Pope Francis prayed for peace in Ukraine at a ceremony that looked to a prophecy about peace and Russia that stems back more than a century to purported visions of the Virgin Mary to three peasant children in Fatima, Portugal, in 1917.
The significance of the prayers needed some explaining to those unfamiliar with Catholic history.
The Pope on March 25 consecrated Russia and Ukraine to the Immaculate Heart of Mary with a prayer asking for peace in the world, Catholic News Agency reported.
At the end of a penitential service in St. Peter's Basilica, Francis carried out the act, saying: "Mother of God and our Mother, to your Immaculate Heart we solemnly entrust and consecrate ourselves, the Church and all humanity, especially Russia and Ukraine.
"Accept this act that we carry out with confidence and love. Grant that war may end and peace spread throughout the world."
Francis invited bishops, priests and ordinary faithful around the world to join him in the consecration prayer, which opened with the pontiff entering St. Peter's Basilica before an estimated 3,500 people, The Associated Press reported.
'FREE US FROM WAR'
"Free us from war, protect our world from the menace of nuclear weapons," the Pope prayed.
It ended with Francis sitting alone before a statue of the Madonna.
There, he solemnly asked forgiveness that humanity had "forgotten the lessons learned from the tragedies of the last century, the sacrifice of the millions who fell in two World Wars."
In his homily, Francis said that the consecration "is no magic formula but a spiritual act."
"It is an act of complete trust on the part of children who, amid the tribulation of this cruel and senseless war that threatens our world, turn to their Mother, reposing all their fears and pain in her heart and abandoning themselves to her," he said.
Since Russia invaded its neighbor on Feb. 24 in what it calls a "special military operation", the Pope has implicitly criticised Moscow, Reuters reported.
He has strongly condemning what he has called an "unjustified aggression" and denouncing "atrocities," but he had not mentioned Russia by name.
He used the words Russia and Russians on March 25, although as part of a prayer and a homily.
"We have forgotten the lesson learned from the tragedies of the last century, the sacrifice of the millions who fell in two world wars ... we have closed ourselves in nationalist interests," Francis said in the prayer, whose formal title was "An Act of Consecration to the Immaculate Heart of Mary."
Archbishop Visvaldas Kulbokas, the Vatican envoy who has remained in Ukraine since Russia launched the invasion last month, said before the service, he would read the prayer from an improvised altar in a kitchen in a safe room in the embassy in the capital Kyiv.
In the Portuguese town of Fatima, papal ambassador Cardinal Konrad Krajewski, a close aide of the Pope, read the same prayer near the spot where Mary is said to have appeared repeatedly in 1917 to three shepherd children.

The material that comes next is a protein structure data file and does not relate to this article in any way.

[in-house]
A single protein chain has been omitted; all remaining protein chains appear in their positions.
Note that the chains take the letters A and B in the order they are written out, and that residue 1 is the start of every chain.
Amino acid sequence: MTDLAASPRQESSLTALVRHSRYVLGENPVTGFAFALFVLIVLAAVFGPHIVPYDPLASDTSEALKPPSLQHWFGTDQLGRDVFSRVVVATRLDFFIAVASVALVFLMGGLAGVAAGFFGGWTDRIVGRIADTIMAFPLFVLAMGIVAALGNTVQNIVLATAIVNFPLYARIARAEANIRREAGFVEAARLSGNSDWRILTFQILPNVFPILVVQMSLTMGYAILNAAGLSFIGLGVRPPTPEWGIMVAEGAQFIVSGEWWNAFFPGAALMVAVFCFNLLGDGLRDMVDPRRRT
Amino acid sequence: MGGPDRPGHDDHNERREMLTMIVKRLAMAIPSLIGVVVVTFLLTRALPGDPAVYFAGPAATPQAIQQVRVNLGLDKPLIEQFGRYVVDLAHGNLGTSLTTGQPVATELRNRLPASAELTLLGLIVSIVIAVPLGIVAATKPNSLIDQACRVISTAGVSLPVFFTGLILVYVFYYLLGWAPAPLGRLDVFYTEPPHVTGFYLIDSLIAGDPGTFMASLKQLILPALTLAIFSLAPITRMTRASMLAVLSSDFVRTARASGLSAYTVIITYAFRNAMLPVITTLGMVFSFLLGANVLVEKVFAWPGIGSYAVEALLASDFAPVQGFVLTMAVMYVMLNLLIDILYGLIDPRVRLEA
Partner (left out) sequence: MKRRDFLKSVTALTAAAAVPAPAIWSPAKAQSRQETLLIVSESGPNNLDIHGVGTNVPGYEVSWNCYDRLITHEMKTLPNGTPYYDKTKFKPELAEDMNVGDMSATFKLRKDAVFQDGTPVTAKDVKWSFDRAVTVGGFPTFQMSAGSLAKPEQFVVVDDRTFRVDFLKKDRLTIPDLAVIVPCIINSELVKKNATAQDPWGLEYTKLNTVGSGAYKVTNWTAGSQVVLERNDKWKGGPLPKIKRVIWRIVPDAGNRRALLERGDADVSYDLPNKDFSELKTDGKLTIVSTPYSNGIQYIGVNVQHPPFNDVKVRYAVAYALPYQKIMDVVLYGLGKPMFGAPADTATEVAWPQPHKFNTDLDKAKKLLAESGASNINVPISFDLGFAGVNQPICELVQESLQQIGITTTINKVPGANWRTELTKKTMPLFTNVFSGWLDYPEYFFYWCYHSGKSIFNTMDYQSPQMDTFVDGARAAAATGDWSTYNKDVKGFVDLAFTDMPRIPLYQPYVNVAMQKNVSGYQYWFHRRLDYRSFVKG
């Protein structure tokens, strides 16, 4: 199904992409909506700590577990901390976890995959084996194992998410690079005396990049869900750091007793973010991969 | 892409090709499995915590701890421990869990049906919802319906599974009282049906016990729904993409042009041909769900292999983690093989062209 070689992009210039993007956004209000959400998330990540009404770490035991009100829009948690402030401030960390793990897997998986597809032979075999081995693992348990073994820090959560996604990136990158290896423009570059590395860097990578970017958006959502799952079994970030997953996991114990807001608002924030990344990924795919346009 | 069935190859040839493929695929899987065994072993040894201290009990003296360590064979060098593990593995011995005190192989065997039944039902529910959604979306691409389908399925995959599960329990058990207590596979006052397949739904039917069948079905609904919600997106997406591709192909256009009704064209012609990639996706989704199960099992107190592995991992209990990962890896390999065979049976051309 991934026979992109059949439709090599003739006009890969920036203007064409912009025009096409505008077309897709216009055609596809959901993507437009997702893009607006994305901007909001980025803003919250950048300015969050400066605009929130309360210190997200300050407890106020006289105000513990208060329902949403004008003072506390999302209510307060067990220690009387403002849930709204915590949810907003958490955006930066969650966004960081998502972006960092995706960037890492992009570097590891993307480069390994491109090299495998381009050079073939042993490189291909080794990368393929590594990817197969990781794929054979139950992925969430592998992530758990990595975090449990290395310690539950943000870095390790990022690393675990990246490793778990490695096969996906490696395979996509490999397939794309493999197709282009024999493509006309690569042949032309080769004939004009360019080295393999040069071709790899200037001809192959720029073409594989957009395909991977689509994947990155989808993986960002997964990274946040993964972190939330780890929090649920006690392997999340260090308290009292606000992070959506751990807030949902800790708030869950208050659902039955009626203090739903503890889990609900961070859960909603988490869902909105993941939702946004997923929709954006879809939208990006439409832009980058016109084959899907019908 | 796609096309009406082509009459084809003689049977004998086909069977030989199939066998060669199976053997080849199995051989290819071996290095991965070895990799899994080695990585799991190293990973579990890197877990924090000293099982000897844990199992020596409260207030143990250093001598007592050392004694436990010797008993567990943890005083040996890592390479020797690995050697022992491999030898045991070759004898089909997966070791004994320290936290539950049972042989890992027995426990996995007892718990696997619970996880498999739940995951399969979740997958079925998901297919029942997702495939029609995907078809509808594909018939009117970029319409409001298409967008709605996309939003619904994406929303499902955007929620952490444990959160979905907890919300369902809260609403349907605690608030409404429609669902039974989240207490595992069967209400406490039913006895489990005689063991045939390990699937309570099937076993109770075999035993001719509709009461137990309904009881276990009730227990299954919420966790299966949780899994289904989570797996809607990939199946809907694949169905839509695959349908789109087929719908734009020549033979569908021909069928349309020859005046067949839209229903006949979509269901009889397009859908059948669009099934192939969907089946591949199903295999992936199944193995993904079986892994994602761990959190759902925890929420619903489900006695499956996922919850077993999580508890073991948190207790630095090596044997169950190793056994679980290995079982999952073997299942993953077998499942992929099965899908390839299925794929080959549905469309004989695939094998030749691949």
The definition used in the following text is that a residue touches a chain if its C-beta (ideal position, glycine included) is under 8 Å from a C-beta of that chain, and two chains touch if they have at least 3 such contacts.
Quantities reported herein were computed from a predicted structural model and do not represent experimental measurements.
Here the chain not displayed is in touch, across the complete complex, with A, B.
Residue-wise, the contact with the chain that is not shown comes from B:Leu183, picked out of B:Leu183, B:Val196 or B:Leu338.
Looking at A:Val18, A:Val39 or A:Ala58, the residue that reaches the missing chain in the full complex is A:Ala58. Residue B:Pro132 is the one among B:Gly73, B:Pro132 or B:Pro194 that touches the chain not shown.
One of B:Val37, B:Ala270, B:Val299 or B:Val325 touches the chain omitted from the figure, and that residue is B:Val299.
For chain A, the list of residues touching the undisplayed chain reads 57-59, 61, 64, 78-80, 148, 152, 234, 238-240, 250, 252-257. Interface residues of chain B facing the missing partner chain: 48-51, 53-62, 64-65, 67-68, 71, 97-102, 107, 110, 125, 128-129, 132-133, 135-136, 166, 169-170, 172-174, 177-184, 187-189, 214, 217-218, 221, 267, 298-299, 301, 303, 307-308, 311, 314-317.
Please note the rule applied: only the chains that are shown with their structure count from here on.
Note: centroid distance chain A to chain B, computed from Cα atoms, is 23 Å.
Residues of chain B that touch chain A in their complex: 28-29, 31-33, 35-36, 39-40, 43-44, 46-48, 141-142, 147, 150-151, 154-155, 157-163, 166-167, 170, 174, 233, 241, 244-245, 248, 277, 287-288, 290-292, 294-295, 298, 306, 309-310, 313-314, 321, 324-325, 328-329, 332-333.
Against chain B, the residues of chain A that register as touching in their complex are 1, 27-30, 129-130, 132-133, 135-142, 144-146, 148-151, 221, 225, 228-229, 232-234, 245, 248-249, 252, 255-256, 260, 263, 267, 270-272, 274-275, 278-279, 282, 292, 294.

The Fatima story dates to 1917, when according to tradition, siblings Francisco and Jacinta Marto and cousin Lucia said the Virgin Mary appeared to them six times and confided three secrets, AP's Nicole Winfield reported.
The first two described an apocalyptic image of hell, foretold the end of World War I and the start of World War II, and the rise and fall of Soviet communism
The link with Fatima is essential to understanding the religious and political significance of Friday's consecration Reuters reported.
The Church says that in the apparition of July 13, 1917, Mary asked that Russia be consecrated to her, otherwise it would "spread her errors throughout the world, causing wars and persecutions of the Church" and that "various nations will be annihilated".
After the 1917 Russian revolution and during the Cold War between the West and the Soviet Union, the "Message of Fatima" became a rallying point for anti-communism in Christianity.
Similar acts of consecration of the world were performed by past popes in 1942, 1952, 1964, 1981, 1982 and 1984.
On March 27 Pope Francis said the "cruel and senseless" war in Ukraine, now into its second month, represents a defeat for all humanity, in his weekly Angelus address, Vatican News reported.
The Pope launched another powerful appeal for an end to the "barbaric and sacrilegious" act of war, warning that "war does not devastate only the present, but the future of a society as well."
Hee pointed to statistics that show half of all Ukrainian children are now displaced, the Pope said this is what it means to destroy the future, "causing dramatic trauma in the lives of the smallest and most innocent among us."